Going to college is all about learning. So, what did the Penn State women’s lacrosse team learn from its loss against Maryland five weeks ago?
The answer to that could make all the difference Friday night.
The No. 4-seeded Nittany Lions get the rematch with the No. 1 Terrapins — but on a much bigger stage. They tangle at 5 p.m. at Gillette Stadium in Foxborough, Mass., in the NCAA semifinals.
“We’re definitely really pumped and really excited,” Nittany Lions sophomore attack Madison Carter said. “That was definitely a goal for us all season. Now we just want to get one step further and get to the national championship and maybe come away with a win.”
Boston College and Navy meet in the second game at 7:30 p.m., and the winners battle for the national championship at 11 a.m. Sunday.
As far as head-to-head history, Penn State could not ask for a worse opponent. The Terrapins have won the last 12 meetings and 28 of the last 29 since 1992.
But if the Nittany Lions were ever in need of a statement win to show they belong among the nation’s elite, it would have to be against the Terps.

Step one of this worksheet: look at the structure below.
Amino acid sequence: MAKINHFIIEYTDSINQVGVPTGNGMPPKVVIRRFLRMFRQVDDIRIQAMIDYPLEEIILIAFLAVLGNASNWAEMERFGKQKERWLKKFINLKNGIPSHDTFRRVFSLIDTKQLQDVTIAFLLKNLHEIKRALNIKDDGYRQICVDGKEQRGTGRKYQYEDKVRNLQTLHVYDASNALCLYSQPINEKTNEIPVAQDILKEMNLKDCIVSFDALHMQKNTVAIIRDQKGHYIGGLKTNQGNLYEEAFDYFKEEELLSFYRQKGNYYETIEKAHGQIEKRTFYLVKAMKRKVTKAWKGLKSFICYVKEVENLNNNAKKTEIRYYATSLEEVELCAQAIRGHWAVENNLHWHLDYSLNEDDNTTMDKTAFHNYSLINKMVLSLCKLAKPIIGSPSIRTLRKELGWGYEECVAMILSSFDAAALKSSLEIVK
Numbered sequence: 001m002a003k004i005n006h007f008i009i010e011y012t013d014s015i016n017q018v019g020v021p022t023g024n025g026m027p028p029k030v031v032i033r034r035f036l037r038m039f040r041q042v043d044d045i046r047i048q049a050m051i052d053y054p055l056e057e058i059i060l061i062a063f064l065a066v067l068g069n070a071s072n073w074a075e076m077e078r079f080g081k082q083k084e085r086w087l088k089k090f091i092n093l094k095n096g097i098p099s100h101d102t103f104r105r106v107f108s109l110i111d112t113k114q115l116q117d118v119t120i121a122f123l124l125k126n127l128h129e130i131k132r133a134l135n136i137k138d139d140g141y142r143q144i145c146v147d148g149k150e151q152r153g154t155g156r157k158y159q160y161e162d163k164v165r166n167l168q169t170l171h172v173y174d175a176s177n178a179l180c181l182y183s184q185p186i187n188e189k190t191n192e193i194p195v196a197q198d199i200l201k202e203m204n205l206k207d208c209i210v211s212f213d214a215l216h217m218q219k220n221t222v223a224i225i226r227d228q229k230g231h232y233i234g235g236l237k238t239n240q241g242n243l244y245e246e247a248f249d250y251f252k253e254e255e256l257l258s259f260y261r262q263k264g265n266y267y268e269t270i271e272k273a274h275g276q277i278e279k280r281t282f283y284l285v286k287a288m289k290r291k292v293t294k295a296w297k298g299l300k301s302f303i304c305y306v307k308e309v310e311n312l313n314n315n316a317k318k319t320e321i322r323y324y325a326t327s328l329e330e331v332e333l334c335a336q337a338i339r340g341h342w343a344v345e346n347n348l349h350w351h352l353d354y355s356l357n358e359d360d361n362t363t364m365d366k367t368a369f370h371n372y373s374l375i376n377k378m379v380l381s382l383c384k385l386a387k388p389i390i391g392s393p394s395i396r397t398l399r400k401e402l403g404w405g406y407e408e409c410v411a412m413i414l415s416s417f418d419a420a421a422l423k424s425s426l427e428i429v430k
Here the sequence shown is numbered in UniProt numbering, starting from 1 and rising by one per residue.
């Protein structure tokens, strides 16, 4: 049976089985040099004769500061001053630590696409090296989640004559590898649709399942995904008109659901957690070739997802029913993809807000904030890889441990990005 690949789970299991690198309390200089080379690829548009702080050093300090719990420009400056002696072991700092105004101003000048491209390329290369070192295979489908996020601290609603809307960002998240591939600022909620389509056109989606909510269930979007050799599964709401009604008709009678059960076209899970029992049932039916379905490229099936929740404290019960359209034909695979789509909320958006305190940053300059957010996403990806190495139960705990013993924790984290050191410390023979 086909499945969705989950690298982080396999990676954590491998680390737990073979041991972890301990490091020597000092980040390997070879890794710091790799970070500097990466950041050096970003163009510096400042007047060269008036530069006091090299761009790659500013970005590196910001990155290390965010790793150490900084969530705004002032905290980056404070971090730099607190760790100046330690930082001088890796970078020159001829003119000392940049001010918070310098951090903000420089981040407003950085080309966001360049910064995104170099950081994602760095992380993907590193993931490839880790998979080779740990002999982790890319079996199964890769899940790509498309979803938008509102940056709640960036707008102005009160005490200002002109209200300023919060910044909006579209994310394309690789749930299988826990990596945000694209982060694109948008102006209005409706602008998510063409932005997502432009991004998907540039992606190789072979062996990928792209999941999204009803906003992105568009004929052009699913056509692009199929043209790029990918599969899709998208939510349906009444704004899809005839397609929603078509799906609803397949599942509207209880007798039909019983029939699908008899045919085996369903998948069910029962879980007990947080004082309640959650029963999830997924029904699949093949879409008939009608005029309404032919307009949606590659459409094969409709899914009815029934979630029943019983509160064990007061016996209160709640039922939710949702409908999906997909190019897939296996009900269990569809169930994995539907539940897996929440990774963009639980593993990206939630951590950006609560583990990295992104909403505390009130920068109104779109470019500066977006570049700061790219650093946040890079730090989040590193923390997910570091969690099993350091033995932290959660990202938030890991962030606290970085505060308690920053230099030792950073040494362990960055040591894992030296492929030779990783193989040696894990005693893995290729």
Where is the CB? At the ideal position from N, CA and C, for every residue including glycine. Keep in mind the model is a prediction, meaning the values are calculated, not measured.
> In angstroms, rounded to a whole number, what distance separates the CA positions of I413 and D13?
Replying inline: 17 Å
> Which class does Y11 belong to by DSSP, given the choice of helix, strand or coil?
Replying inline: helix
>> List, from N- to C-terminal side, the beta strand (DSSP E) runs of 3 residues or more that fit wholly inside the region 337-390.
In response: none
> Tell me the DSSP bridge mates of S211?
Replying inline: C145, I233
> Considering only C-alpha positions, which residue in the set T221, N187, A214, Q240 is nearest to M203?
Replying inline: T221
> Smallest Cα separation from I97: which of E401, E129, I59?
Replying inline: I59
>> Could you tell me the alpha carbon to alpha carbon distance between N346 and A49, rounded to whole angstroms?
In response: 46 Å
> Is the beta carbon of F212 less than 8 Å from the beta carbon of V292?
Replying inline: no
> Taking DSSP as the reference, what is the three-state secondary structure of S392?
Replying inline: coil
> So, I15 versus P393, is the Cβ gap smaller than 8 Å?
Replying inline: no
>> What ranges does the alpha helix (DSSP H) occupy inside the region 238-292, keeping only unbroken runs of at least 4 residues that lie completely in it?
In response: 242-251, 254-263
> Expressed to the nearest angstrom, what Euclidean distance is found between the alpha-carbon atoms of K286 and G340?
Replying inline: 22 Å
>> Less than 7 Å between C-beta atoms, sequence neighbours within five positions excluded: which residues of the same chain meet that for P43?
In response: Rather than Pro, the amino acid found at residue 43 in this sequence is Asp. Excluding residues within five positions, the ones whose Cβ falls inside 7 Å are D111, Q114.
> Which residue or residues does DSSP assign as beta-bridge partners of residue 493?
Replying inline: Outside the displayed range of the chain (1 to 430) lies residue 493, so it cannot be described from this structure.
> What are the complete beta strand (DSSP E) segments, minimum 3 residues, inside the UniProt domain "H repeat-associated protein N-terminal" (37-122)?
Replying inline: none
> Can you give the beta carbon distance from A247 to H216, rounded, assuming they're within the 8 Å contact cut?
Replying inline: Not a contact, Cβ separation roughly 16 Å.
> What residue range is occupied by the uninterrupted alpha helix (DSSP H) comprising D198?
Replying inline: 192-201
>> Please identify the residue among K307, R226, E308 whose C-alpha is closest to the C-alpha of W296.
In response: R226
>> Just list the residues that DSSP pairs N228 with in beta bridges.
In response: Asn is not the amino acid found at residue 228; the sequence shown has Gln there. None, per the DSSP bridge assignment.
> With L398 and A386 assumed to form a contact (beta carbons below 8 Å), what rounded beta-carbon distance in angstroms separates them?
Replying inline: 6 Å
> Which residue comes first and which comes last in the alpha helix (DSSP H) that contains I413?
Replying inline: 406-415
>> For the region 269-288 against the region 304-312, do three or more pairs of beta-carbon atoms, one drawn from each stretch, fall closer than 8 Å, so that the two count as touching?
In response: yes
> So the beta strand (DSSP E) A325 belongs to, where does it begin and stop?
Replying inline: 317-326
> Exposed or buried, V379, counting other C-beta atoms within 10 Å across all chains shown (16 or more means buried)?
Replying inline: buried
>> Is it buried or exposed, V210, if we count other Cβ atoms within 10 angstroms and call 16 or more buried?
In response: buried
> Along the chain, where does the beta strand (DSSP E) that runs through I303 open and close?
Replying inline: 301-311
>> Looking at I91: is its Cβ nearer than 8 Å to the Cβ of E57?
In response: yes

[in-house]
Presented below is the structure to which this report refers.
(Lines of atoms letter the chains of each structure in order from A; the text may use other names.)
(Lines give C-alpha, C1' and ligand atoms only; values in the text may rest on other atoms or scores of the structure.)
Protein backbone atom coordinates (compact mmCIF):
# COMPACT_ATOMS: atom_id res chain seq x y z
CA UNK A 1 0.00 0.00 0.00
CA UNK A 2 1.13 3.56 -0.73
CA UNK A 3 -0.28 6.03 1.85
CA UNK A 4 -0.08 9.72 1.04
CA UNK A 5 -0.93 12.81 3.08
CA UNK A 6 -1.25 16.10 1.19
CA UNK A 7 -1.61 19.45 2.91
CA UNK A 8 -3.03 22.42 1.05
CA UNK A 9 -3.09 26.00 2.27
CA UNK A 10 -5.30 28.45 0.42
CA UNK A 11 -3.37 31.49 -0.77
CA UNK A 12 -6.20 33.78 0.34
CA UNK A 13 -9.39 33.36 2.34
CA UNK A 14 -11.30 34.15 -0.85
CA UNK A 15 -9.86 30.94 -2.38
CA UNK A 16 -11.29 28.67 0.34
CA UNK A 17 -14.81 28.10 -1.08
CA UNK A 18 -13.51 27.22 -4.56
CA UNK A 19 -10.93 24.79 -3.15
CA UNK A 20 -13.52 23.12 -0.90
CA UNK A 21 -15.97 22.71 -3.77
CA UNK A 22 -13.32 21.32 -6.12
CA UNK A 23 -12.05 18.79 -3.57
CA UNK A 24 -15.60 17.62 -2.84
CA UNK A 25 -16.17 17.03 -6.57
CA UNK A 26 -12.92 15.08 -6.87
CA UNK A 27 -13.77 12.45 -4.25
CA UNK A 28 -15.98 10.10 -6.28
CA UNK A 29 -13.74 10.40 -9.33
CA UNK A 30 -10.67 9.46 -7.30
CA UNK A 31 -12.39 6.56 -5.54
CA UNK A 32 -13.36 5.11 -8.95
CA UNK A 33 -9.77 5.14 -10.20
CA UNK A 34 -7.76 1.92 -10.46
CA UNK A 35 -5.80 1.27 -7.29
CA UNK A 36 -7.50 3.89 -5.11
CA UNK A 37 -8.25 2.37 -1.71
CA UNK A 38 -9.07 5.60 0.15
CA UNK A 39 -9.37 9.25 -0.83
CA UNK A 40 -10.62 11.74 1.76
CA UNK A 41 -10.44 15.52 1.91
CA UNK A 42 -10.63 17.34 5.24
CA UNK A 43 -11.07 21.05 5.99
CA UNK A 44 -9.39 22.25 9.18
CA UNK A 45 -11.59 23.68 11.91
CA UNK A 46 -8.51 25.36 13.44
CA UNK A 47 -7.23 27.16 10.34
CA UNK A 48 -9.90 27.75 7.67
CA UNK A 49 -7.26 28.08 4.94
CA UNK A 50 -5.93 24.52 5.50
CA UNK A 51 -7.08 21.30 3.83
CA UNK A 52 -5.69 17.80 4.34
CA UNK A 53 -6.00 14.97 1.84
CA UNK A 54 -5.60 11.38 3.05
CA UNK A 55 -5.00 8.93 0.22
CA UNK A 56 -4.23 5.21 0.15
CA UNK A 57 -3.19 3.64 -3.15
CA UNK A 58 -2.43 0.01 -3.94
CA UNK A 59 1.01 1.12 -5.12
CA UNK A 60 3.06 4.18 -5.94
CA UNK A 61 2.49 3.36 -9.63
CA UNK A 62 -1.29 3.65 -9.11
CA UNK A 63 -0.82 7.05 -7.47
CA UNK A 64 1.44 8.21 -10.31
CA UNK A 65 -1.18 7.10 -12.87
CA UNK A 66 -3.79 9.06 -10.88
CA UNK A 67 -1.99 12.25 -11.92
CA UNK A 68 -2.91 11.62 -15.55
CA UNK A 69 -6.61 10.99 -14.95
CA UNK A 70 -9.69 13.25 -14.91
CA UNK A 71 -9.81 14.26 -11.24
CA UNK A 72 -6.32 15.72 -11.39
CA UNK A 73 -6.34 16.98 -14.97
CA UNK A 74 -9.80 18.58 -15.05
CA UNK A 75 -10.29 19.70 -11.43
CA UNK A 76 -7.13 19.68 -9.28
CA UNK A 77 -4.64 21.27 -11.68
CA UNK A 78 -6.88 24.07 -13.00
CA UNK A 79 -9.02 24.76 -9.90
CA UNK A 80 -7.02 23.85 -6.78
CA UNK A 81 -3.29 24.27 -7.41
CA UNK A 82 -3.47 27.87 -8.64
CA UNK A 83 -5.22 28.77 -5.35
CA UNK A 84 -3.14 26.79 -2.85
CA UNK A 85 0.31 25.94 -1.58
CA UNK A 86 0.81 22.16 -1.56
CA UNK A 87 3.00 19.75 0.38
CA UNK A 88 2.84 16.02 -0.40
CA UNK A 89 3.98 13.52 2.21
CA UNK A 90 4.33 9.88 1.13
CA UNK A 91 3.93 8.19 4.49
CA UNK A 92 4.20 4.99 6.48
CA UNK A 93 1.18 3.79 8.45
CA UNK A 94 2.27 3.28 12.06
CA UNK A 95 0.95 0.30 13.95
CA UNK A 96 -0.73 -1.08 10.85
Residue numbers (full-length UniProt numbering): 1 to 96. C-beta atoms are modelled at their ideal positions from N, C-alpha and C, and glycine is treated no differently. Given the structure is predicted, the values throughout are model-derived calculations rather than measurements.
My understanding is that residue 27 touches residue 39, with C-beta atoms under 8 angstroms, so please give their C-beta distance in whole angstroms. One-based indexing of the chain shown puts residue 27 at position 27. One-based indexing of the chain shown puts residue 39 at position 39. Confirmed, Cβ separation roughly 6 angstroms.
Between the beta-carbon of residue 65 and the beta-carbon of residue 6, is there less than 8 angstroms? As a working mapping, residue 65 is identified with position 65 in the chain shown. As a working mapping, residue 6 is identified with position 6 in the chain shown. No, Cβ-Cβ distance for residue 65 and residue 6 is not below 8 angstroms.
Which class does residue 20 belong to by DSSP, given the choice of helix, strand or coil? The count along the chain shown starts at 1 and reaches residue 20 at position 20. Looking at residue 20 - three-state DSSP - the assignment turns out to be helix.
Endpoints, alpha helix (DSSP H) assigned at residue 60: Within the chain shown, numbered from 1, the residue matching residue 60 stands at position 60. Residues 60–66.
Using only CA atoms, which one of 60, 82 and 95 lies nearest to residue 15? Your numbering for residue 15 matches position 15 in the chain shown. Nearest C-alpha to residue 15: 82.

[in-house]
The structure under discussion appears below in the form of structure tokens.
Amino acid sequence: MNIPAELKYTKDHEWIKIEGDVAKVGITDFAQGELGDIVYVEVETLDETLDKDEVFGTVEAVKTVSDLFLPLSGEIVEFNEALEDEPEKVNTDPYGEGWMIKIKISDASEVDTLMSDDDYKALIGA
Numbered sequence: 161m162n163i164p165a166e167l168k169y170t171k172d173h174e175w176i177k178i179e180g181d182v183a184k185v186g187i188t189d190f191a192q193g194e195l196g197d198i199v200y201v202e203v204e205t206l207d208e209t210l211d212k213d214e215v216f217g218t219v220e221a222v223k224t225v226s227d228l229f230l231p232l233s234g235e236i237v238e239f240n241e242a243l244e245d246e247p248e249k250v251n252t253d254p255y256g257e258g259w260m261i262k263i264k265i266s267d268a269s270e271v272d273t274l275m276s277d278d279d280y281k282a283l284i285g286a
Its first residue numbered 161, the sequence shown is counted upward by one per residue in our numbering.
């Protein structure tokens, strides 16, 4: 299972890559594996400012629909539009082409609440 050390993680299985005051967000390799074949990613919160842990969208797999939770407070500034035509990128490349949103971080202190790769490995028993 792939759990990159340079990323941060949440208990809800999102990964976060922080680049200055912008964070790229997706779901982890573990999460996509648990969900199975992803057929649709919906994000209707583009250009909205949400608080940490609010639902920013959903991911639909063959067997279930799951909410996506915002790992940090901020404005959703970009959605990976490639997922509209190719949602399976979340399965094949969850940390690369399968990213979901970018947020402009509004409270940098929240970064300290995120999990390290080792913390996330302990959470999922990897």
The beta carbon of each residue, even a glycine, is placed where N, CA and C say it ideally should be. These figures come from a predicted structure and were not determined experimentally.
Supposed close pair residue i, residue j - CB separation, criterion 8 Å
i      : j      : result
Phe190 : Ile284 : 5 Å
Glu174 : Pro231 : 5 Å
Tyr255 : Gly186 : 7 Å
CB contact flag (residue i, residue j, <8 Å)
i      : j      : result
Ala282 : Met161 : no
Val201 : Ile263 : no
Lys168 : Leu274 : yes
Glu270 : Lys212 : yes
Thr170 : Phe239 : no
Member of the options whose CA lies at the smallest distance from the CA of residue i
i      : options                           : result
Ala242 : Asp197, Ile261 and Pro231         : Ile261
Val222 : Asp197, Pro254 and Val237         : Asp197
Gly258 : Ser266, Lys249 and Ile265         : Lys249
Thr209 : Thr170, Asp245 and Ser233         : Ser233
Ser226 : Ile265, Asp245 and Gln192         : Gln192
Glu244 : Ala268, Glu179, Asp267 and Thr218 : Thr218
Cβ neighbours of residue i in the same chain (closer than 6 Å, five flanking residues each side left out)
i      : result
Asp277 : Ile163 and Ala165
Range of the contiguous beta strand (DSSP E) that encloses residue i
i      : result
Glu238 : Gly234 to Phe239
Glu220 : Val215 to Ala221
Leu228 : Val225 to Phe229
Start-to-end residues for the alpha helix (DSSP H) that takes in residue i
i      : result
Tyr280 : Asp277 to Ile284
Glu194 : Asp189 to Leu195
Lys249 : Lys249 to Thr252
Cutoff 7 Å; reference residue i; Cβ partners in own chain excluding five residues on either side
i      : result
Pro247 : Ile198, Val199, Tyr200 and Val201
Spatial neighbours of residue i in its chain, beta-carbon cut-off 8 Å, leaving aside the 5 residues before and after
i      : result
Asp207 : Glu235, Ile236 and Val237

The Lions nearly got that statement win April 20, with the teams tied at halftime and the Lions holding a brief lead in the second half. It was the first time all season either had happened to Maryland. However, the inability to win draws gave Maryland extra possessions, and that led to goals and a 16-14 Terps win.
“We had a great game against them,” senior defender Erika Spilker said. “It’s kind of picking up the little pieces that we need to move on.”
Another major difficulty in facing Maryland — which leads the nation with 16.86 goals per game — is the team’s balanced scoring, necessitating the defense to move and work in concert.
“It definitely tested us,” Spilker said. “They have a lot of threats, a lot of great players, so defensively I think as long as we play more as a unit, not really falling into getting stretched out. ... As long as we’re together, I think that’s when we play our best.”
Having made the march to the semifinals last season, before falling to North Carolina, Penn State will be over the novelty of making it to the big stage. No longer are the Lions satisfied with just being there.
For the first national title since 1989, they know what they have to do. The question is, can they do it?
“If everybody’s on it with each other,” Spilker said, “we have a really great chance and we hope it works out.”